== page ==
3. Troy,

    Your argument is so fundamentally flawed, I can’t believe the time I’m wasting to reply to it. Moving people by rail would still be more efficient than doing it by cars, even if each were a Prius with 5 passengers. Look around you on I94 next time and count how many cars and SUV’s you see with a single person in them. Look how often they scrub off energy to slow for the traffic in front of them. Look how often they step on the accellerator to get back up to speed. Are you serious?

  4. This issue has been most instructive. It has demonstrated so well why America is screwed. Both sides of the false two-party paradigm miss the mark, as they do on nearly every single issue. This is what happens when a nation’s political and social rationale is dominated by the Hegelian dialectic*. Most of you should look that* up.

    The truth of the matter is the State is broke. The State is broke because we got fat and lazy and wanted the State to do everything, including running the most expensive, expansive and intrusive Welfare and Warfare empires in the world. When you are broke, credit gets cut off and you live through a long period of austerity. Most people must declare bankruptcy when they are broke. This is shameful enough for an individual; for a nation, especially one with the historically unique birthright of America, this is nothing short of perhaps the greatest disaster of modern man.

    Train transportation is great. It works extremely well for freight. It can be a viable alternative for passenger travel in specific circumstances. People who dislike “choo choos” are either morons (like local radio personalities) or ***** to the road building lobby. It was a bad idea only because we are broke, and no one should be spending the money; especially our criminal federal government. The only winners here are the private banksters who own the FED and issue our debt money. We are their debt slaves.

  5. I love it!

    We’ll take the money, we need it. And we will use it well for high speed rail.

    Signed,

    A Californian.

    P.S.: This is what happens when you vote Republicans into office. Tax money from Wisconsin gets spent in other states, not in Wisconsin. Remember that the next time you’re in the voting booth.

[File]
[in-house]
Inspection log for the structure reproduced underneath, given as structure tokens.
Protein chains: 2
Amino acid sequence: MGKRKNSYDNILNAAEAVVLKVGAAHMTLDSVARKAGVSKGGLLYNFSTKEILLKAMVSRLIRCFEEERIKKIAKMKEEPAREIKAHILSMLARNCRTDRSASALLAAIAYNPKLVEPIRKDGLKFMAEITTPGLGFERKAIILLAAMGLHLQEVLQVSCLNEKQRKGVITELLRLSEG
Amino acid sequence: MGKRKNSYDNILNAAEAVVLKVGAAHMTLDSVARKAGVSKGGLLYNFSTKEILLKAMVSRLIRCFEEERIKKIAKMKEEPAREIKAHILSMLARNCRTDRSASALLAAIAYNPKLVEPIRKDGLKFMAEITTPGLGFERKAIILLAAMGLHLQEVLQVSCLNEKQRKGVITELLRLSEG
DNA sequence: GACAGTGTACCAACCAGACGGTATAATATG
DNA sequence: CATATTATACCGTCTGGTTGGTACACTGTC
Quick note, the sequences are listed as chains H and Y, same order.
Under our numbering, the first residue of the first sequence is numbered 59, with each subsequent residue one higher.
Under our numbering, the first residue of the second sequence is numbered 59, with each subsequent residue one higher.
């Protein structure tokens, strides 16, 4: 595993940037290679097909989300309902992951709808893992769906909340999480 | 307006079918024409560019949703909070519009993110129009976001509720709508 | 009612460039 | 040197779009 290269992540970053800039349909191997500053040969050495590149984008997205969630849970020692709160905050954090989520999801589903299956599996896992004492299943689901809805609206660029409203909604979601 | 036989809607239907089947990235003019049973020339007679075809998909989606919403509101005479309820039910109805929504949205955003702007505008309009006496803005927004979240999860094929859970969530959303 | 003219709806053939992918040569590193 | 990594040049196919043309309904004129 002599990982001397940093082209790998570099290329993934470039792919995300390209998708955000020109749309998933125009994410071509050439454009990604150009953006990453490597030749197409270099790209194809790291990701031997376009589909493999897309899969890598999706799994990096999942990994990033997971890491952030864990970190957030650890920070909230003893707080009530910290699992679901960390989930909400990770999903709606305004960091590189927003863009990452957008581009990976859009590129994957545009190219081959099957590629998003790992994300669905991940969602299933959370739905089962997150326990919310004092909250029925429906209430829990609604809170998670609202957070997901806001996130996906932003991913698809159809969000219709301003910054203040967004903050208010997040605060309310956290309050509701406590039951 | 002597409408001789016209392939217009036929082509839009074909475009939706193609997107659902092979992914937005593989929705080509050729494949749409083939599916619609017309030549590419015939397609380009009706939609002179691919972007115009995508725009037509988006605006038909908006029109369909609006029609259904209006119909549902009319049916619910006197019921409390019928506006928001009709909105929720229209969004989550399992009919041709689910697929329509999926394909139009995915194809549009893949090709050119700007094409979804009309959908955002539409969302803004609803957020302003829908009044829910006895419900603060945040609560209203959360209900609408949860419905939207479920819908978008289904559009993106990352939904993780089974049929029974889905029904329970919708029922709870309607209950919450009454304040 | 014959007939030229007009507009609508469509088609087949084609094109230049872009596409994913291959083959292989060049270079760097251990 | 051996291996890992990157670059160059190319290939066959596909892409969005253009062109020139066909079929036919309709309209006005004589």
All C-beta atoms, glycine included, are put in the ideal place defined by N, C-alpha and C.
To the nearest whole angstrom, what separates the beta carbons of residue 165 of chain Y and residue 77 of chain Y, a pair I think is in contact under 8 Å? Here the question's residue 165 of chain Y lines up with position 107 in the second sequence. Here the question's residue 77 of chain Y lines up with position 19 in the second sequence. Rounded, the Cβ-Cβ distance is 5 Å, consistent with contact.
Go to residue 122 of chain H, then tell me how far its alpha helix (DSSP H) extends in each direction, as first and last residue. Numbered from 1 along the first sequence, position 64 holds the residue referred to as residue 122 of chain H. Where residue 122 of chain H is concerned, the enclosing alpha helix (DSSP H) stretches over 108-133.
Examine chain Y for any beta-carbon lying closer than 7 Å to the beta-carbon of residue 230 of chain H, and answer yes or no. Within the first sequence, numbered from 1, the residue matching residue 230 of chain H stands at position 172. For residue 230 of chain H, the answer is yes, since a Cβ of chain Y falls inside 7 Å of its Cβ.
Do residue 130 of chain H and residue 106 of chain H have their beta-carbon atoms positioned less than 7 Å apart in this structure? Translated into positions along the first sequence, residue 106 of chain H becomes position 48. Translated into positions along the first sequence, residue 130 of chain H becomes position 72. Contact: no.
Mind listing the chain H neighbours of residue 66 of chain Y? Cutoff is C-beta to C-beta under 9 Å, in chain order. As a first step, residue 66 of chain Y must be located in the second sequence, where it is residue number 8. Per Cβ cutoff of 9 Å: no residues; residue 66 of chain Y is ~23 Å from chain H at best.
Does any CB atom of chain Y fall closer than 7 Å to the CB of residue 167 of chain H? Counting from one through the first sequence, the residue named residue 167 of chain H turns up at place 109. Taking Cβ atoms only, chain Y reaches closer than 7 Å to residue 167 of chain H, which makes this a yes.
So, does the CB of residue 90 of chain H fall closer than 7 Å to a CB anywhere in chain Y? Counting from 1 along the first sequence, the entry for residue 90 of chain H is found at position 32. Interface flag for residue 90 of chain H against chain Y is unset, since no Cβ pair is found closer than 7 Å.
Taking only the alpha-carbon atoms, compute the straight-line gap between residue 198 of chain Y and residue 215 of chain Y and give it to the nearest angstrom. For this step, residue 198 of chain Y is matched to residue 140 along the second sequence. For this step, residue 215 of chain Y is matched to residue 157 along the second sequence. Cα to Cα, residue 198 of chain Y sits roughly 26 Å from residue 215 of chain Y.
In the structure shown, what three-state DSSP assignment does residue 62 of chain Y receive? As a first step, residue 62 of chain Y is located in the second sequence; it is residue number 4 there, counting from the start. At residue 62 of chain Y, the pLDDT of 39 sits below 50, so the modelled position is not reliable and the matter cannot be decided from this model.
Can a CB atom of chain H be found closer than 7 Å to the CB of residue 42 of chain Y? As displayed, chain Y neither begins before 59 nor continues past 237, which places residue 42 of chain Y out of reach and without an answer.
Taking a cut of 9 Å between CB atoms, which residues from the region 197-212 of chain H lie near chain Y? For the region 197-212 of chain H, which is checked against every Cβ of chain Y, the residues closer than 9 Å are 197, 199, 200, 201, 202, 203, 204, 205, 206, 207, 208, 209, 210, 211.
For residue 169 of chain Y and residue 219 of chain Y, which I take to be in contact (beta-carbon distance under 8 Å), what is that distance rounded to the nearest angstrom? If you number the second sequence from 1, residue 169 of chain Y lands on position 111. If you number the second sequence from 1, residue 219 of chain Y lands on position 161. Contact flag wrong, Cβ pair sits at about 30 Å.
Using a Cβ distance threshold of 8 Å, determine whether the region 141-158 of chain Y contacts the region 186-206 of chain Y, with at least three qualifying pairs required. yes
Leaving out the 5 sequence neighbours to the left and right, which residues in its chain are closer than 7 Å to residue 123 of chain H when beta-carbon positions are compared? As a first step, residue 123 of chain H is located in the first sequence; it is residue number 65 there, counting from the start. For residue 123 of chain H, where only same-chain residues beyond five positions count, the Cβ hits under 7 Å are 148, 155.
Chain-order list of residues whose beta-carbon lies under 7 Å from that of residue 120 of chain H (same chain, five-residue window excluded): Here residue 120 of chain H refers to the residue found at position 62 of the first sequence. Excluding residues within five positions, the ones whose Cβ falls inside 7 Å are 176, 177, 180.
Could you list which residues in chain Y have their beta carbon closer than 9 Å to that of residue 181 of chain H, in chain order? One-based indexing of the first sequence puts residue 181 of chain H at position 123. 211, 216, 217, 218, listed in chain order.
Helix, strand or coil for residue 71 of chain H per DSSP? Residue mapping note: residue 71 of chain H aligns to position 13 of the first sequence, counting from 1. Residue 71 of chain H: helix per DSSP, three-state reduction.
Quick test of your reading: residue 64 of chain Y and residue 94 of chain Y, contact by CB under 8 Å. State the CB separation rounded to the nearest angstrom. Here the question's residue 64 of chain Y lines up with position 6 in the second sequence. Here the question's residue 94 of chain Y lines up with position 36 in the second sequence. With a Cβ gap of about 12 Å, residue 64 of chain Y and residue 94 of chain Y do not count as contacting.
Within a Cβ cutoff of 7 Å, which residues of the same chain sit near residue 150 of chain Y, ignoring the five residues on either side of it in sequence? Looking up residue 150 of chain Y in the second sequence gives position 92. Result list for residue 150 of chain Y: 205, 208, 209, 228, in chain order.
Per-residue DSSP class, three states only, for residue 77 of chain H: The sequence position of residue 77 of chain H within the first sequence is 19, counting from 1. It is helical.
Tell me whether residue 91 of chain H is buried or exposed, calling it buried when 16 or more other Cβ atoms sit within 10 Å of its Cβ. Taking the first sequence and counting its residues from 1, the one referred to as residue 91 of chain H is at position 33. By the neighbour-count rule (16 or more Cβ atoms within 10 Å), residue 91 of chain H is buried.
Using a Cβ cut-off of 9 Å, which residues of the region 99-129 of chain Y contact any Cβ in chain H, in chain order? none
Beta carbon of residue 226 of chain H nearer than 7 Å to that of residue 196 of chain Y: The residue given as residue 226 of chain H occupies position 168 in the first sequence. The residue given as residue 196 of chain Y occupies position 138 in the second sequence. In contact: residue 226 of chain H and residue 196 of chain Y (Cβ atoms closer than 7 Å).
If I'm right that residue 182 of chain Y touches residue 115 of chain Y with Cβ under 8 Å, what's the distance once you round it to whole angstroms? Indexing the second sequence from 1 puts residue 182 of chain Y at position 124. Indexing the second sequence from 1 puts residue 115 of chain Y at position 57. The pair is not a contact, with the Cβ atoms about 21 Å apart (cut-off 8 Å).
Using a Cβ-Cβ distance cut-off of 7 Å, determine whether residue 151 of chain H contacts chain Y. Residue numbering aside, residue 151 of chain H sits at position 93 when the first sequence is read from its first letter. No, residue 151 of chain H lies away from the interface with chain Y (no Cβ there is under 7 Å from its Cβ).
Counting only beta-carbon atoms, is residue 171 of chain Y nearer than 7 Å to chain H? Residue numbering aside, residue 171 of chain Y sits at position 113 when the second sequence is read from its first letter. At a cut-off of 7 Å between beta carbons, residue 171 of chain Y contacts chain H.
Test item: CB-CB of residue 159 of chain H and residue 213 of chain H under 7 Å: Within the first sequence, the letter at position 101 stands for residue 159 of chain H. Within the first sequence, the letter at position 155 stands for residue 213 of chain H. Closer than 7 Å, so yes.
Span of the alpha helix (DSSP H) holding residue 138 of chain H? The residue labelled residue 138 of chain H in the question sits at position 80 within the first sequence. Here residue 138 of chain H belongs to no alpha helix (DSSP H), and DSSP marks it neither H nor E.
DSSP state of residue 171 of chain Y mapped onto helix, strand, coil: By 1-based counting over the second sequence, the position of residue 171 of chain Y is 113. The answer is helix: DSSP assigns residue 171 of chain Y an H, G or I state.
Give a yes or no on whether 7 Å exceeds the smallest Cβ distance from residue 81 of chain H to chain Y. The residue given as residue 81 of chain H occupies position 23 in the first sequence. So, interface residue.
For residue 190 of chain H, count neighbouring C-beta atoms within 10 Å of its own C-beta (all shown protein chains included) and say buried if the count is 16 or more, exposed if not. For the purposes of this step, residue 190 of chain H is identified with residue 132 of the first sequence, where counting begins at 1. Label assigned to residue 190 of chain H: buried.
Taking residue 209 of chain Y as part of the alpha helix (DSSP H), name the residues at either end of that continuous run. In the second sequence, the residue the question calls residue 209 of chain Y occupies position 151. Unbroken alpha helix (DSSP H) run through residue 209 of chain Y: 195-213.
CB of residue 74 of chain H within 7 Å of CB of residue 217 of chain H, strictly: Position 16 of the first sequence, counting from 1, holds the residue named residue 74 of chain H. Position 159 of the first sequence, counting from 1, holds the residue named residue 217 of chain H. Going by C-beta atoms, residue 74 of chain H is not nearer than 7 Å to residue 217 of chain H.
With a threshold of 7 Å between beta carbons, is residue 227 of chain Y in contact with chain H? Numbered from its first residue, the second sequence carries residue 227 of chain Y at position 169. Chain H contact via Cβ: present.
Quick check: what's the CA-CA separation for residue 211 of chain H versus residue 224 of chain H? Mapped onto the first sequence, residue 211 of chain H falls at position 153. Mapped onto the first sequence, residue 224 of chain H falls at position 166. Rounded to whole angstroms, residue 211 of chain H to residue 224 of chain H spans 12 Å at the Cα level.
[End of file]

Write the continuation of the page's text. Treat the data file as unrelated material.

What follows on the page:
Enjoy!

  6. The argument from Chad seems more flawed than Tony’s. If all the people who support the train actually agree to give up driving their cars and do ride the train together, then it makes a little more sense. But the real world train will not be convenient. It won’t take you directly from your driveway to your workplace, and will not be waiting for you when you need it. And when you need to get somewhere during your work day, whether for business or errand, will the train be there to service you?

    Let’s pretend that the $800 million is free disposable federal money, we still can’t afford
    the annual cost of operation with the number of riders paying fares. So take these fed dollars to create an annual money sieve for years to come? If you trated this as a personal decision and these were your own personal $800 million, would you believe this to be a worthwhile investment?

    Why don’t the energy conscious people carpool more today? Does that seem inconvenient?

  7. Maybe if things were a little more inconvenient for us, the world would be a much better place. We’ve gotten too lazy to walk a block or two to a bus stop because its slightly inconvenient.

  8. Let’s not confuse convenience with laziness. I run, bike and exercise regularly. But in the business world, when a customer or coworker calls and needs you somewhere, you are expected to be there for them. Unfortunately a train, bus, bike or running shoes can rarely be considered as substitutes for your own car the next time your phone unexpectedly rings.

  9. Chad and Brian are right on. No one expects *everyone* to take this train. But even at basic ridership levels it’s actually more profitable than highways. It’ll be even more highly used once it gets to the Twin Cities, and once gas prices get to 5 or 6 dollars a gallon.